In this inaugral issue find out what you need to know about the long awaited Bribery Act

The Act

The long awaited Bribery Act (the “Act”) is almost two weeks old. But what is it all about?

As of 1 July 2011, the Act created four new criminal offences: paying a bribe; receiving a bribe; bribery of a foreign official; and the corporate off ence of failing to prevent bribery. This Briefng Note concentrates on the latter offence which will be of most interest to the construction industry and represents the most signifcant departure from the previous law on bribery.

What needs to be done?

The key point about the Act is that provided your organisation is properly prepared, you can advance a defence to any prosecution under the Act on the basis that you had “adequate procedures” in place. In other words, it may be very diffcult for an organisation to raise a defence to any prosecution which might be brought under the Act unless it can demonstrate that not only proper procedures are in place but that complience with them is properly monitored.

But what do the procedures look like and how do you go about putting them in place? Fortunately, the Ministry of Justice has published some guidance (http://www.justice.gov.uk/guidance/docs/bribery-act-2010-guidance.pdf) which identifies 6 key principles organisations need to consider:

Risk assessment

Firstly, a detailed risk assessment should be conducted to identify where the exposure to bribery may lie. Remember, the Act is wide enough to catch the actions of staff and agents abroad. An ‘out of sight, out of mind’ approach will fall foul of the Act.

Proportionate procedures

The results of the risk assessment will then inform the procedures that may need to be put in place proportionate to the risks you face. So if your organisation operates abroad on large Government sponsored infrastructure projects (traditionally regarded as a high risk area) you may well need far more comprehensive procedures in place to prevent bribery than if most of your work is domestic. However, there is no shortage of instances of corruption in the domestic construction market and organisations who ignore the requirements of the Act simply because they do not operate abroad will be doing so at their peril.

These procedures may include:  

  • implementing a formal whistle blowing policy under which staff are encouraged to report potential offences under the Act;  
  • producing a code of conduct setting out what is and is not acceptable behaviour;  
  • offering training for staff ; and  
  • implementing a corporate hospitality policy which gives clear guidance for staff (both in terms of giving and receiving hospitality).  

Communication

Make sure the polices and procedures are communicated to staff.

Due diligence

Know who you are dealing with. The Guidance suggests carrying out background checks on staff before allowing them to represent the organisation in circumstances where bribery is a potential risk.

Monitoring and review

It is not enough to implement the procedures and then sit back. If your organisation changes, perhaps in the nature of the projects it carries out or the location of them, it is likely the procedures will need to be updated.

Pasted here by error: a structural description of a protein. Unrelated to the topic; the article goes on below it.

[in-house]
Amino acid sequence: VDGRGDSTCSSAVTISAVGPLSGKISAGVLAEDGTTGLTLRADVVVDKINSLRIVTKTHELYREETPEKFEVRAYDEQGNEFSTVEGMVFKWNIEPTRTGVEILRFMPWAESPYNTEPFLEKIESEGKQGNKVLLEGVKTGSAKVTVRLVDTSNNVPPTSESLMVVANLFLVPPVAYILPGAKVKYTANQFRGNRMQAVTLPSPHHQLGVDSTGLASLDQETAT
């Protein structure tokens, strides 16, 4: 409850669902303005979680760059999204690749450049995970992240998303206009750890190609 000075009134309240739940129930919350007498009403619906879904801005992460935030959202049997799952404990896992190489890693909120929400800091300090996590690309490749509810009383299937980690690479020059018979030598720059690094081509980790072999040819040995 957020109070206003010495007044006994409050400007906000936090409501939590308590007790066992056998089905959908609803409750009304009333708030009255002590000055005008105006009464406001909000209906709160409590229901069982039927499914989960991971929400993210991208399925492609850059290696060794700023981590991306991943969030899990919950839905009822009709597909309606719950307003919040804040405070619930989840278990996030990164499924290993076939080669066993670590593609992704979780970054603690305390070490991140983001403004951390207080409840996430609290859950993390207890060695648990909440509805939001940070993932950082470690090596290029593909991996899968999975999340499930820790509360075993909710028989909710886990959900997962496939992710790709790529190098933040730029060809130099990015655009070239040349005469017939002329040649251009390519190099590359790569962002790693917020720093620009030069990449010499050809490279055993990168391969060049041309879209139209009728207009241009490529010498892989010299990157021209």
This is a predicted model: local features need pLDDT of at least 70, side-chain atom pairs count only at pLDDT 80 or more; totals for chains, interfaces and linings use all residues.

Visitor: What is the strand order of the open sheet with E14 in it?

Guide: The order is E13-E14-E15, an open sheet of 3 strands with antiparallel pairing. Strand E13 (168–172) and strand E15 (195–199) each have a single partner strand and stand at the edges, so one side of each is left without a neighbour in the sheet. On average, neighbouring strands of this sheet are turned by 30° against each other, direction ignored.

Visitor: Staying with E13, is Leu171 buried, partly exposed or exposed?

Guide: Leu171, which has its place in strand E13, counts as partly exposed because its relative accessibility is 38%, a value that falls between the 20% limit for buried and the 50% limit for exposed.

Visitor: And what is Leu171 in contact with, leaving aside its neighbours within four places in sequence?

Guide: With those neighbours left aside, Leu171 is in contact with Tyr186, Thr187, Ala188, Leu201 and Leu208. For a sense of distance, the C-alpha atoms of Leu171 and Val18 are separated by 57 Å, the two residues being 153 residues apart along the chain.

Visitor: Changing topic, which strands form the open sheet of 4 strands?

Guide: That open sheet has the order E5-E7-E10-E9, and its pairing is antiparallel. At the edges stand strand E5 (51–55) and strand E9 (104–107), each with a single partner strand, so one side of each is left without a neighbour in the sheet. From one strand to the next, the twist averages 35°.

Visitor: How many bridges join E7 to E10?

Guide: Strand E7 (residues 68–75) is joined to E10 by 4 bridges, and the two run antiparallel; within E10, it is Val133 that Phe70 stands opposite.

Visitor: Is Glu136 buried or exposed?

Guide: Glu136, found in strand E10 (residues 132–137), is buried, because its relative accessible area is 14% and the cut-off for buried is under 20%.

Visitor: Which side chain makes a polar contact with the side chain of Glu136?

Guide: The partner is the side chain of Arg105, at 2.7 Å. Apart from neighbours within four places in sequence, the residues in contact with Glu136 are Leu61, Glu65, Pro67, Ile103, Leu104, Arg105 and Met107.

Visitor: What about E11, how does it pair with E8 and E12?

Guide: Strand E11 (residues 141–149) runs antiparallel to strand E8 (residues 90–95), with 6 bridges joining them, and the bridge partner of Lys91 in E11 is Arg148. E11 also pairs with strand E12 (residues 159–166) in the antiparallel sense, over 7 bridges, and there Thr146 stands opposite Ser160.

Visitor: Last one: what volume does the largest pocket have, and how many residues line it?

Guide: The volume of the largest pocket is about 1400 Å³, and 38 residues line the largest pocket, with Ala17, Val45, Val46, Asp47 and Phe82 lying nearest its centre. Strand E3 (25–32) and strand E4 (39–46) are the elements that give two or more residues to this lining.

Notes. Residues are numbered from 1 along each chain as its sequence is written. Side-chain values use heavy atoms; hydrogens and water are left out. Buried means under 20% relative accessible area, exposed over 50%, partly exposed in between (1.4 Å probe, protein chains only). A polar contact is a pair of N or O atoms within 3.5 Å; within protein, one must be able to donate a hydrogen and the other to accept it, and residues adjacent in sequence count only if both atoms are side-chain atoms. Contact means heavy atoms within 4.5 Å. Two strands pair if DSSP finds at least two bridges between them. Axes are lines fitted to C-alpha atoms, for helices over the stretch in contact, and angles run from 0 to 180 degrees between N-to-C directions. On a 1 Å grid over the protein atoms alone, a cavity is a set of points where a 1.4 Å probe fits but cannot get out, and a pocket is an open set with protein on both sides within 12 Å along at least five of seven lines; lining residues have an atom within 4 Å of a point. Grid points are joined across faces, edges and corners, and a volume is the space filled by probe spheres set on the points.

Top level commitment

The Guidance suggests that those in the most senior positions in organisations are best placed to prevent bribery. Consider allocating responsibility for the implementation and monitoring of anti bribery procedures to a director or member of senior management.

Will the Act be enforced?

The Director of the Serious Fraud Office (SFO), Richard Alderman, who is primarily responsible for enforcing the Act has said:

“The Bribery Act is good news for the UK and UK businesses. It confirms our commitment to helping eradicate bribery from business practices. It will help ensure that ethical businesses do not lose out to others that use bribery and corruption to win contracts. We shall enforce the act vigorously, but we are still very keen to listen to specific issues that companies have. I want to work with ethical businesses to resolve problems pragmatically and fairly”.

But in the current climate of public sector cuts, it remains to be seen how many organisations will be investigated and prosecuted. That said, the SFO’s most recent press release warns that its current conviction rate is more than 80% which is high by any standard and particularly so in light of the onerous standard of proof (that of beyond reasonable doubt) attached to criminal prosecutions. If convicted, organisations face an unlimited fine and would be unable to tender for public authority work pursuant to Regulation 23(1)(c) of the Public Contracts Regulations 2006.

Despite the financial constraints, enforcement is probably inevitable as the Act is in its youth and the SFO will want to be seen to be taking decisive enforcement action at the very least for deterrent purposes. And no doubt, the SFO’s response to the Act will be scrutinised by the international anti-bribery community.

Inevitably, any prosecution(s) would be likely to be high profile and attract similar attention to the corporate manslaughter prosecution to which Cotswold Geotechnical Holdings was subject in February of this year.

Conclusion

In undertaking enforcement, the SFO would be most likely to target organisations who are not able to demonstrate (publically or otherwise) that they have “adequate procedures” in place and any enforcement action taken would probably be successful. It is therefore important that organisations take steps to put these procedures in place as soon as possible.